• Protagonist – the main character (hero or heroine)
• Antagonist – the protagonist struggles against this character (this is often a
villain, but not necessarily)
• Foil – serves to illuminate a main character, usually through contradiction
(think of “good” Cinderella and her “evil” sisters)
• Confidante – someone in whom the central character confides, thus
revealing the main character’s personality, thoughts, and intentions
• Dynamic – a character who changes during the course of the story. The
change in outlook or character is permanent.
• Static – a character who remains primarily the same throughout a story.
Events in the story do not alter a static character’s outlook, personality,
motivation, perception, habits, etc.
The Language of
• Soliloquy
• Monologue
• Dialogue
The Language of
• A long speech by one character in which
the speaker communicates special
information only to the audience.
• “To be or not to be …”
The Language of
• Like a soliloquy, it is a relatively lengthy passage
spoken by one character
• Unlike a soliloquy, a monologue is addressed to
other characters as well as to the audience.
• It serves the same function as soliloquy: It
permits an extended discussion of information,
attitudes, or ideas of one character.
The Language of
Act III, p. 226
Nora: It’s true, Torvald. When I lived at home with Papa, he used to tell me
his opinion about everything, and so I had the same opinion. If I thought
differently, I had to hide it from him, or he wouldn’t have liked it. He
called me his little doll, and he used to play with me just as I played with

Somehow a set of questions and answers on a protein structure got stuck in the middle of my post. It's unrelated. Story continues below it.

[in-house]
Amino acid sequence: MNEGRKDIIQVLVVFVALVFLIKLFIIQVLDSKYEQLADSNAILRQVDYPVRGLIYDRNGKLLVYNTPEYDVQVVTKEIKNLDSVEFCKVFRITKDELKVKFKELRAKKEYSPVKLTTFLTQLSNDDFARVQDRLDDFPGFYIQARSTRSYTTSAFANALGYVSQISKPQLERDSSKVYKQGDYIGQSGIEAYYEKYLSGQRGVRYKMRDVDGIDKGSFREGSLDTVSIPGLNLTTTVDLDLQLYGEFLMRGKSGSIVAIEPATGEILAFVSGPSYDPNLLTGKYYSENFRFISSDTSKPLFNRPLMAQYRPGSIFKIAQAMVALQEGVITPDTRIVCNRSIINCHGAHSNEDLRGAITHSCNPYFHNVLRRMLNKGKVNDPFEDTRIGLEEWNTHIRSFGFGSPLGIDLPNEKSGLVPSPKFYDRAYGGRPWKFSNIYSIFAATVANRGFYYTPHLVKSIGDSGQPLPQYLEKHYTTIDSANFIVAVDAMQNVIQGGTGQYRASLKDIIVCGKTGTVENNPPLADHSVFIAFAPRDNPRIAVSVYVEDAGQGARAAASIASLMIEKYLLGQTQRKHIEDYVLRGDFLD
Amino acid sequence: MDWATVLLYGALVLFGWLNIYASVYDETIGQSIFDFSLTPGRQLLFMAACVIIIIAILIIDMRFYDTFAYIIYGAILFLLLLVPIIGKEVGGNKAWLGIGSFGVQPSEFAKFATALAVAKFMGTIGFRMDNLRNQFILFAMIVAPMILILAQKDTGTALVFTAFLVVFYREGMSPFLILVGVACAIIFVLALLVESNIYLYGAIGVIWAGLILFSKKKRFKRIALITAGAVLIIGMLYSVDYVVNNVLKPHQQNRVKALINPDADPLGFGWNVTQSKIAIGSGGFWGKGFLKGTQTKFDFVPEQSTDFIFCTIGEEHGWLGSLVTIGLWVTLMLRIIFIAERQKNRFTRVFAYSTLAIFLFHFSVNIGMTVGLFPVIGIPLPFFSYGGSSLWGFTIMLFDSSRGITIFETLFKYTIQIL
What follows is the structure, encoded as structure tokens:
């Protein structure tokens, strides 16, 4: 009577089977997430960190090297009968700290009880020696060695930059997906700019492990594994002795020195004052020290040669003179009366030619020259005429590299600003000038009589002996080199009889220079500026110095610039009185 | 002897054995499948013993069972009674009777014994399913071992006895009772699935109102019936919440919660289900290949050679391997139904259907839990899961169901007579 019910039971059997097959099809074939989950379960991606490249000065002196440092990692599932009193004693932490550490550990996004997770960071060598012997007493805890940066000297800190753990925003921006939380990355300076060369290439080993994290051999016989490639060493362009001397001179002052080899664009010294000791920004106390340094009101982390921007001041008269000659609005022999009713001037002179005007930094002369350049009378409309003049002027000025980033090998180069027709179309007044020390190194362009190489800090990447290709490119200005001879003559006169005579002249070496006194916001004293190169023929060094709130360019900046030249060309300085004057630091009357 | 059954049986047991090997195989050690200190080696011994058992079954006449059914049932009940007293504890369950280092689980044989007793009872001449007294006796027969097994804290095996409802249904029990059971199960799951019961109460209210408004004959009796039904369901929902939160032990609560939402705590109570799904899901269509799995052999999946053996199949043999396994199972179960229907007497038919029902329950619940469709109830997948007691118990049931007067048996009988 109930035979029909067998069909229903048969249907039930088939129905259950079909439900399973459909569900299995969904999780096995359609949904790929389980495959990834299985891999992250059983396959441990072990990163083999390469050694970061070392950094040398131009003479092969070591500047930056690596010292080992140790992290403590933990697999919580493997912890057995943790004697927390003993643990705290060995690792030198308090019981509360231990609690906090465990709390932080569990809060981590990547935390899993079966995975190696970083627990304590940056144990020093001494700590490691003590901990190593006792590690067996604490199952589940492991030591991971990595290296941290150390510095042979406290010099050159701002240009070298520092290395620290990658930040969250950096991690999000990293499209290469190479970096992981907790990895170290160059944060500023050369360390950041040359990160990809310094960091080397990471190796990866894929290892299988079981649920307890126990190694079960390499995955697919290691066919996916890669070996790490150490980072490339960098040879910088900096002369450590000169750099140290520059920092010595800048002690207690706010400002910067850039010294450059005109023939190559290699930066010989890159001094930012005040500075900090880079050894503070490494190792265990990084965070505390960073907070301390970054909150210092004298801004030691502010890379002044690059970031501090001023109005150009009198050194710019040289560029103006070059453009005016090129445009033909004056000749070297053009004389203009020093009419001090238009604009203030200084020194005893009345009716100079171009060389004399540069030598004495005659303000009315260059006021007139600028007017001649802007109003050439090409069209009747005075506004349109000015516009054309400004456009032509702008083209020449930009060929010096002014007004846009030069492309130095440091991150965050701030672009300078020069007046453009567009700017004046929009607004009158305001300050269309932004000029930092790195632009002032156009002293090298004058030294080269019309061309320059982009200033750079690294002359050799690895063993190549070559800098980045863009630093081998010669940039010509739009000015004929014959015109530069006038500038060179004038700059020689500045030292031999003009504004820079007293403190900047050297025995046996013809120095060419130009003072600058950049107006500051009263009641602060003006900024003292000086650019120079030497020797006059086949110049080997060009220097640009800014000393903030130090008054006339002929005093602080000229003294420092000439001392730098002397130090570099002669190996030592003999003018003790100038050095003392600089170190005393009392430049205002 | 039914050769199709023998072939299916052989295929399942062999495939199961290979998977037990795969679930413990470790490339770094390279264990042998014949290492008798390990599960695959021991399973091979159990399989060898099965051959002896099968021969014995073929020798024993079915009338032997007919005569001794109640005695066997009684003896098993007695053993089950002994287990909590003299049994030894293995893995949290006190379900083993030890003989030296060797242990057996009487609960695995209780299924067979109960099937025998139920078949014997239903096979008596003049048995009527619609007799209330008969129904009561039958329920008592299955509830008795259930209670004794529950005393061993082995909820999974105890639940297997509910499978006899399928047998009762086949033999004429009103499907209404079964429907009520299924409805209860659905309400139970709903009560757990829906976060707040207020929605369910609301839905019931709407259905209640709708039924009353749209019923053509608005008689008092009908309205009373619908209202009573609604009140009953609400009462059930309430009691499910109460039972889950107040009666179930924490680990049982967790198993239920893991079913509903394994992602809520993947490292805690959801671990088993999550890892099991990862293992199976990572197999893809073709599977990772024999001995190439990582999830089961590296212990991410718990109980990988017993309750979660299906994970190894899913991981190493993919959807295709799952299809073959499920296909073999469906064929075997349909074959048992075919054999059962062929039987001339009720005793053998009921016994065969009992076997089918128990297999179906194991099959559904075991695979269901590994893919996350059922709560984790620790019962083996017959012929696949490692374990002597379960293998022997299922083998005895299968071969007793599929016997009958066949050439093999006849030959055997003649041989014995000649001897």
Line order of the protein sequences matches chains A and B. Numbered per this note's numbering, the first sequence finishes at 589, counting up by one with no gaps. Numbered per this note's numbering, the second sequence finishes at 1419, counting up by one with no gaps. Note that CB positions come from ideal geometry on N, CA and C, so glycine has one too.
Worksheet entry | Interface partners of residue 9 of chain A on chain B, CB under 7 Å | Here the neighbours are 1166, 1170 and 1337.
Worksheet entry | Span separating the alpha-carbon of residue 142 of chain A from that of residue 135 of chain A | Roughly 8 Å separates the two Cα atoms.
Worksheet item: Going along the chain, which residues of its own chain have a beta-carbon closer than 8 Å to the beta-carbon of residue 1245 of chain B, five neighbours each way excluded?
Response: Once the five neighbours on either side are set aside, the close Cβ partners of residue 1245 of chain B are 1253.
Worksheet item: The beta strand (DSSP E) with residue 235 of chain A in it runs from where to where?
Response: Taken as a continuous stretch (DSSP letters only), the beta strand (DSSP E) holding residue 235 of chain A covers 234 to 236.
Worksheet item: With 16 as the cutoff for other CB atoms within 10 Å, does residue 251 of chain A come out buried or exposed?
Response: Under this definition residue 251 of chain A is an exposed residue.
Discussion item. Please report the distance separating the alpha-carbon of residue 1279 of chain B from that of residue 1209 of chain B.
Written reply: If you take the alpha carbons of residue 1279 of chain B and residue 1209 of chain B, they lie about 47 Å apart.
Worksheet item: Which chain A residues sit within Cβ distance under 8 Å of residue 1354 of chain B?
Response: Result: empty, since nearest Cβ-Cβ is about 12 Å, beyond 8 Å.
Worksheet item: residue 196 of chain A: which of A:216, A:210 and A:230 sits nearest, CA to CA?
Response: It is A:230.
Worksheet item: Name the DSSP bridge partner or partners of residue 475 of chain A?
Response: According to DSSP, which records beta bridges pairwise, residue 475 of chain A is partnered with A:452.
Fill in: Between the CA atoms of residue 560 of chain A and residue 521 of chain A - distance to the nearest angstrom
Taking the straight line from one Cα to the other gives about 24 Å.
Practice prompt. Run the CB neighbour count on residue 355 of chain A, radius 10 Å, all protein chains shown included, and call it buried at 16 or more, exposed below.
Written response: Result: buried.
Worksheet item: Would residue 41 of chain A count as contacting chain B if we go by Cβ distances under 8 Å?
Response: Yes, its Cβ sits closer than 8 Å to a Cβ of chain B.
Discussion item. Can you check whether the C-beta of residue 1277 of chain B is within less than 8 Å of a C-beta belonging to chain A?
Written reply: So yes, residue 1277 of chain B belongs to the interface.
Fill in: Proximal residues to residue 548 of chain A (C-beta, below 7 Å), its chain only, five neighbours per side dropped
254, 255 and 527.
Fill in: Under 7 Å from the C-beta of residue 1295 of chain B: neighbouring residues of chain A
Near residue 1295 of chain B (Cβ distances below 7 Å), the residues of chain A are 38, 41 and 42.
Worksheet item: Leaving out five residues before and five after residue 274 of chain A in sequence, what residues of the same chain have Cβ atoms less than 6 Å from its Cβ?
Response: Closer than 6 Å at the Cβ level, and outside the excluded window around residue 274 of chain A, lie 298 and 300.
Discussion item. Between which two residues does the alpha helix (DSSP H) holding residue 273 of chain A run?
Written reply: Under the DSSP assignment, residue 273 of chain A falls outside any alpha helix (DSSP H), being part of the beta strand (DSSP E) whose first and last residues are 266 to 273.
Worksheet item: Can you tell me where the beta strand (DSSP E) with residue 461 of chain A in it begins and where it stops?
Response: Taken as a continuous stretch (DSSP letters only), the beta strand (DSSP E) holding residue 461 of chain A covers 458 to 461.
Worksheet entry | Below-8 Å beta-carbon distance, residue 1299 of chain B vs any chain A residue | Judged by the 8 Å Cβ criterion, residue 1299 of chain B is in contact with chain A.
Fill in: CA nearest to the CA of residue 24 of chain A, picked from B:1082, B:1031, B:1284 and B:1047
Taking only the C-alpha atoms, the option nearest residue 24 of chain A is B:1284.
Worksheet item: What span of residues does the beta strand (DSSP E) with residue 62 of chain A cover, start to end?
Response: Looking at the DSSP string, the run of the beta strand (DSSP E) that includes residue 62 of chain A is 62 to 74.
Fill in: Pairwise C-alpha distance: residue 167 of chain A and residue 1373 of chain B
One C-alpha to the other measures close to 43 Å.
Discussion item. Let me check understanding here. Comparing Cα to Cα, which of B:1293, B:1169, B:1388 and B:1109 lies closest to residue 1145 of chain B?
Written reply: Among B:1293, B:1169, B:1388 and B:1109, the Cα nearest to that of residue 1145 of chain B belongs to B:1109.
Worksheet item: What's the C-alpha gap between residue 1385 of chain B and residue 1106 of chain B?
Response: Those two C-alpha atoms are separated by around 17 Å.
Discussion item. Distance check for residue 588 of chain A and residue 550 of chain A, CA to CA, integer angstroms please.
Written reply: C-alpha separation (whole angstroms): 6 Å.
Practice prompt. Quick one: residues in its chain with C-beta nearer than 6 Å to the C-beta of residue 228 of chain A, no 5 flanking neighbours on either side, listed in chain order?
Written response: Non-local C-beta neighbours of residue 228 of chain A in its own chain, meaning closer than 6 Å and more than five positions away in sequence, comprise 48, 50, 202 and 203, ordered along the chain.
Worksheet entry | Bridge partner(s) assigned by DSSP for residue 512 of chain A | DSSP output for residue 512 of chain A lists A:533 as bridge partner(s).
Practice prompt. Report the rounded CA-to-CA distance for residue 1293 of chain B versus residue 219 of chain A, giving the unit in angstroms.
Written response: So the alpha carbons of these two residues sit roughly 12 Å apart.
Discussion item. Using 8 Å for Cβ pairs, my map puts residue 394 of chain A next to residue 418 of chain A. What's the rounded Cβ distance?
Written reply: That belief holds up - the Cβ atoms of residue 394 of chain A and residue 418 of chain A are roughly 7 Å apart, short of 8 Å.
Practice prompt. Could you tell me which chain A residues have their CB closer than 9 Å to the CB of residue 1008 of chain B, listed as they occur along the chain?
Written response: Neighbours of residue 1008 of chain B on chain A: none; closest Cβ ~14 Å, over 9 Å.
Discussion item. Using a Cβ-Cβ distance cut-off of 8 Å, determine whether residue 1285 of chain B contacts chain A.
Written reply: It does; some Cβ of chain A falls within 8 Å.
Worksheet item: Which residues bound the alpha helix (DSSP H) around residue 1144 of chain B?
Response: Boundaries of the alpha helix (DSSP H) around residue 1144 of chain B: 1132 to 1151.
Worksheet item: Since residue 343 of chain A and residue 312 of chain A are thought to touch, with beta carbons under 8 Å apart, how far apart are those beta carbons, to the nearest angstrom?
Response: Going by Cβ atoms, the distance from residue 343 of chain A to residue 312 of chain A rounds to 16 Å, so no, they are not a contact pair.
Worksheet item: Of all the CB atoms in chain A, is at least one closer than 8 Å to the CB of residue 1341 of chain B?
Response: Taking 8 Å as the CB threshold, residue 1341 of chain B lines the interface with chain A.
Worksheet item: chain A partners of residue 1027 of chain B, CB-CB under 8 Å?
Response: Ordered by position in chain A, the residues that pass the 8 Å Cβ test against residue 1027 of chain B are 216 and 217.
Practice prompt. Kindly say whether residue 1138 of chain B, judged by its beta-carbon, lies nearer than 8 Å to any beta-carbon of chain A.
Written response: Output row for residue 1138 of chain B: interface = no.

my dolls. Then I came to live in your house—
Helmer: That’s no way to talk about our marriage!
Nora [undisturbed]: I mean when I passed out of Papa’s hands into yours.
You arranged everything to suit your own tastes, and so I came to have
the same tastes as yours … or I pretended to. I’m not quite sure which
… perhaps it was a bit of both—sometimes one and sometimes the
other. Now that I come to look at it, I’ve lived here like a pauper—simply
from hand to mouth. I’ve lived by performing tricks for you, Torvald. That
was how you wanted it. You and Papa have committed a grievous sin
against me: It’s your fault I’ve made nothing of my life.
The Language of
• Most words in a play are spoken between two
• This exchange is called dialogue.
• Demonstrates agreements, conflicts, relationships,
differing or similar beliefs, and motives between
• Dialogue is the main element in a play for the
development of character, plot, and theme.
The Language of
• Consider the following lines from Act I:
Helmer: . . . Is that my little skylark twittering out there?
Nora: . . . It is.
Helmer: Scampering about like a little squirrel?
Nora: Yes.
Helmer: When did the squirrel come home?